Waist-to-height ratio bests BMI for determining African-American CVD risk

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Takeaway

  • Waist-to-height ratio (WHtR) may be a better measure than BMI for identifying African-American adults at elevated risk for cardiovascular disease (CVD).

Why this matters

  • Given the high rates of cardiovascular disease and metabolic risk factors in this population, it is important to develop validated, easy-to-measure indicators of CVD risk for clinical use, say researchers. 

Study design

  • Researchers examined data from African-American adults (n=4758), including measures of BMI, WHtR, and 5 CVD risk factors.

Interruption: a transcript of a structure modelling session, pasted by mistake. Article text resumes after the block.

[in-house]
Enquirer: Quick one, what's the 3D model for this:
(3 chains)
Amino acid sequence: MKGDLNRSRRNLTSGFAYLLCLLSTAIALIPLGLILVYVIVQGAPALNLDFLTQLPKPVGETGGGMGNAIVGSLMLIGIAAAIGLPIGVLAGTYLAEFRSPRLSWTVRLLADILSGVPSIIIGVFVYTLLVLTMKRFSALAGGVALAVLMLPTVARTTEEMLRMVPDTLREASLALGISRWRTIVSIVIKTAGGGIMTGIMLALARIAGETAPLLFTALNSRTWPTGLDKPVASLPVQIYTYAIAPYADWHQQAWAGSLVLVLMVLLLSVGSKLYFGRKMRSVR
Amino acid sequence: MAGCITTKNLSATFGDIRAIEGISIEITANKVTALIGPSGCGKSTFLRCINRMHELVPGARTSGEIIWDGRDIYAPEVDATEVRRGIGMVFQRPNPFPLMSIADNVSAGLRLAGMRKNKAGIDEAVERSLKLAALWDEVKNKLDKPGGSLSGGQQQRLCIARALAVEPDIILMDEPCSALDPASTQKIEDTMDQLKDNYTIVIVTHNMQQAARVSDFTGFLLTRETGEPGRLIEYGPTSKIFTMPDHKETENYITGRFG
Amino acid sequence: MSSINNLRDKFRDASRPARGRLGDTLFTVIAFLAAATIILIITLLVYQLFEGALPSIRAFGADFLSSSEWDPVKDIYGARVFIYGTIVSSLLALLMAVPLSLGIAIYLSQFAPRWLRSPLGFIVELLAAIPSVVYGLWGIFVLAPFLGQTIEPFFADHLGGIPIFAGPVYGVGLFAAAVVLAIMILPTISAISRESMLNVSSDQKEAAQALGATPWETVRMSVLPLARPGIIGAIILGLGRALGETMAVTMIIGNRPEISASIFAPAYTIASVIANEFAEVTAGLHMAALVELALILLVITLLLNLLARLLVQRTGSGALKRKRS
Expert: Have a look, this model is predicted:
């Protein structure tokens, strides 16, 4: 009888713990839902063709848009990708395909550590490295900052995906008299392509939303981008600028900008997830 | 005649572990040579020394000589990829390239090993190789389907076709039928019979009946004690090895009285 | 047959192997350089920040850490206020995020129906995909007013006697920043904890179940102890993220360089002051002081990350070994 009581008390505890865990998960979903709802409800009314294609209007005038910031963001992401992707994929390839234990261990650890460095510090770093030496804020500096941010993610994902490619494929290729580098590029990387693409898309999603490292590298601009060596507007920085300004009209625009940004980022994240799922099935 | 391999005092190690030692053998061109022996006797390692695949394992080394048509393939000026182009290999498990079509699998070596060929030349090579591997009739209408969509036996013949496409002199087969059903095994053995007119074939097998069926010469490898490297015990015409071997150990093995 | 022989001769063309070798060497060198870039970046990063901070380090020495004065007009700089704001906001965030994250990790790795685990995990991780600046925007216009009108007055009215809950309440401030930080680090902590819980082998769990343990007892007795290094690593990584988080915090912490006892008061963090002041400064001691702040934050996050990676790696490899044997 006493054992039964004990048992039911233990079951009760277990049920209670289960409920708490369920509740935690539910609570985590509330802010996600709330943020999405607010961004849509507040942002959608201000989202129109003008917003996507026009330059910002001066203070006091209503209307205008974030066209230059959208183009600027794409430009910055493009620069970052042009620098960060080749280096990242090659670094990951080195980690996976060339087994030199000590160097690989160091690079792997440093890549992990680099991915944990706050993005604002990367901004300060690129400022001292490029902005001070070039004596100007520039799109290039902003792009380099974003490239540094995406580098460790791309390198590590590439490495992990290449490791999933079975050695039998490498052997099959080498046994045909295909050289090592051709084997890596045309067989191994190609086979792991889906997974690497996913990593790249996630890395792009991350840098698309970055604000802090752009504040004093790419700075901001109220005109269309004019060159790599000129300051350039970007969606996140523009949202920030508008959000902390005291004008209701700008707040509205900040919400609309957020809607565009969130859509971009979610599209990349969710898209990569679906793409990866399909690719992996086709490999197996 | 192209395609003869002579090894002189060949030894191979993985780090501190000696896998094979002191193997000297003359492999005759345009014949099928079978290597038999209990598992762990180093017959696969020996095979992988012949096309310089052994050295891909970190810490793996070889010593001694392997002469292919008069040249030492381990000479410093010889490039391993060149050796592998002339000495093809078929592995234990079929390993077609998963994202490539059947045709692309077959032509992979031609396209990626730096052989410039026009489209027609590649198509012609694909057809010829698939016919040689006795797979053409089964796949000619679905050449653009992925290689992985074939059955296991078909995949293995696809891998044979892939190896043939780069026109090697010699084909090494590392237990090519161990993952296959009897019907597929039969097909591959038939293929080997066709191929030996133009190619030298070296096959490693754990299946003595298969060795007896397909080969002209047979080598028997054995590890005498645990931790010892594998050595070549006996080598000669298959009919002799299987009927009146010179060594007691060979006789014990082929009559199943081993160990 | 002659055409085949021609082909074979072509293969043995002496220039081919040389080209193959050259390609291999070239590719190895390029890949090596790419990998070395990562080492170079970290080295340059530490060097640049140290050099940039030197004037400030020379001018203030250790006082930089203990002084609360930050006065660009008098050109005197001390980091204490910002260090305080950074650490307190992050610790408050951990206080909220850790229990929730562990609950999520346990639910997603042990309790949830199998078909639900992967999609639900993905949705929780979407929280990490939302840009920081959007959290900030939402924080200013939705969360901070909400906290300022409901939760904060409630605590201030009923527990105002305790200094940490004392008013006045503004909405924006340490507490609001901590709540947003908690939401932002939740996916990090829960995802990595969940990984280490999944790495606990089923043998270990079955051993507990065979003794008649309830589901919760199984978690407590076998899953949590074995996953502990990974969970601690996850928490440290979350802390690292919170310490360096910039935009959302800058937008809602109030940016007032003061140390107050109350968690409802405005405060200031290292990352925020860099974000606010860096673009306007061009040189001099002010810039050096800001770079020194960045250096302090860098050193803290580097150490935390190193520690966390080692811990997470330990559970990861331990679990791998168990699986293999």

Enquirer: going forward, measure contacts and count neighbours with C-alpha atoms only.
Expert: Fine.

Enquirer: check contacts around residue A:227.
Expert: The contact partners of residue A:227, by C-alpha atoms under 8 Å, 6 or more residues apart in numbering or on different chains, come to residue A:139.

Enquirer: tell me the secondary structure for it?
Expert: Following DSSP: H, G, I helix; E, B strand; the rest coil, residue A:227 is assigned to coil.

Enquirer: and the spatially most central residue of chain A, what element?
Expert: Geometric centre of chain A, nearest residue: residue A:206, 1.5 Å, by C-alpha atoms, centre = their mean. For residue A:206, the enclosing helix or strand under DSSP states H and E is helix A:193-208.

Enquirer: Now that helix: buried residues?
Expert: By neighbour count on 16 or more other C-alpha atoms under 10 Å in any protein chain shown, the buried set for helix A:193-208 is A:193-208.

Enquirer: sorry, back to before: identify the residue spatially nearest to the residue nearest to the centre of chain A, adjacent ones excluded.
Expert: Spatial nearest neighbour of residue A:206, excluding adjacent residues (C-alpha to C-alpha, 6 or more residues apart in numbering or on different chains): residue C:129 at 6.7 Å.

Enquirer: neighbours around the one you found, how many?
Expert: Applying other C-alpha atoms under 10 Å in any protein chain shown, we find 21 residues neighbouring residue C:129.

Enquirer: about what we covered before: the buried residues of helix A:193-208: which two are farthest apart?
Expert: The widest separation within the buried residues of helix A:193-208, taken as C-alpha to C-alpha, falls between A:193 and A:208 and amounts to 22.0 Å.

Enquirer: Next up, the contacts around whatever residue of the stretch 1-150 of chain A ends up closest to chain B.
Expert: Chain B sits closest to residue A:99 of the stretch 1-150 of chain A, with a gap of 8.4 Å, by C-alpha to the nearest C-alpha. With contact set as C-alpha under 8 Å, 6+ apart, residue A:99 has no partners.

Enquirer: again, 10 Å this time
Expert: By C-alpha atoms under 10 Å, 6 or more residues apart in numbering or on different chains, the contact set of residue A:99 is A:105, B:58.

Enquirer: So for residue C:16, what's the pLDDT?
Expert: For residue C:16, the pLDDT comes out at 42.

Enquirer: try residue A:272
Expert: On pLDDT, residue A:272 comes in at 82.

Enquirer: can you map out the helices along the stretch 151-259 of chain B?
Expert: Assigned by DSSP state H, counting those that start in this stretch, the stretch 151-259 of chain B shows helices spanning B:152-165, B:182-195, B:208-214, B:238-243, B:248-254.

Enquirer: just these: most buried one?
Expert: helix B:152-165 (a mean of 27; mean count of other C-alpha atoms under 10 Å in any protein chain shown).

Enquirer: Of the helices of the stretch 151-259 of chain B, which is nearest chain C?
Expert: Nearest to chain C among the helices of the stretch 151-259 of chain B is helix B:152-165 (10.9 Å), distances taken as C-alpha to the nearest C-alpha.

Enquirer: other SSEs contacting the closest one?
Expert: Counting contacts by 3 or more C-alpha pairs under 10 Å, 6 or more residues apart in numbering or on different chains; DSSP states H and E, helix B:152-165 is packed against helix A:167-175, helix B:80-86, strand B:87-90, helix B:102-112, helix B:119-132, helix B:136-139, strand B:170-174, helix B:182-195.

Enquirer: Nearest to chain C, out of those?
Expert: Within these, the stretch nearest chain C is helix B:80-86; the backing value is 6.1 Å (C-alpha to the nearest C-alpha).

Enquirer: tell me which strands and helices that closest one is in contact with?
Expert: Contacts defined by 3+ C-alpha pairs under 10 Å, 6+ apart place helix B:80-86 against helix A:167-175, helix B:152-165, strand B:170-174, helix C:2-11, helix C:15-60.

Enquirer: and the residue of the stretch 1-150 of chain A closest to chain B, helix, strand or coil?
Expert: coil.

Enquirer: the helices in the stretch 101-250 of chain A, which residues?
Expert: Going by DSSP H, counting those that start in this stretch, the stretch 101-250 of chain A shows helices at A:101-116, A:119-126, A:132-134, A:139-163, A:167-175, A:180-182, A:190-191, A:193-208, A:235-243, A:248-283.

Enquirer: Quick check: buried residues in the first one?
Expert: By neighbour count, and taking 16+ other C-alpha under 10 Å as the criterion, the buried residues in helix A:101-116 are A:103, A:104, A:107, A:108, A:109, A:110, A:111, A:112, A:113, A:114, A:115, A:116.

• C-statistics were computed and compared for BMI and WHtR to assess their associations with each risk factor. 
  • Funding: National Heart, Lung, and Blood Institute.

Key results

  • WHtR was more strongly related than BMI to high-density lipoprotein cholesterol (C-statistic difference, −0.0129; P=.0002), triglycerides (C-statistic difference, −0.0199; P<.0001), diabetes (C-statistic difference, −0.0204; P<.0001), hypertension (C-statistic difference, −0.0047; P=.0120), and multiple risk factors (C-statistic difference, −0.0181; P<.0001).

Limitations

  • The study was cross-sectional and could not show causality.
  • The researchers did not examine relationships between BMI or WHtR and CVD events.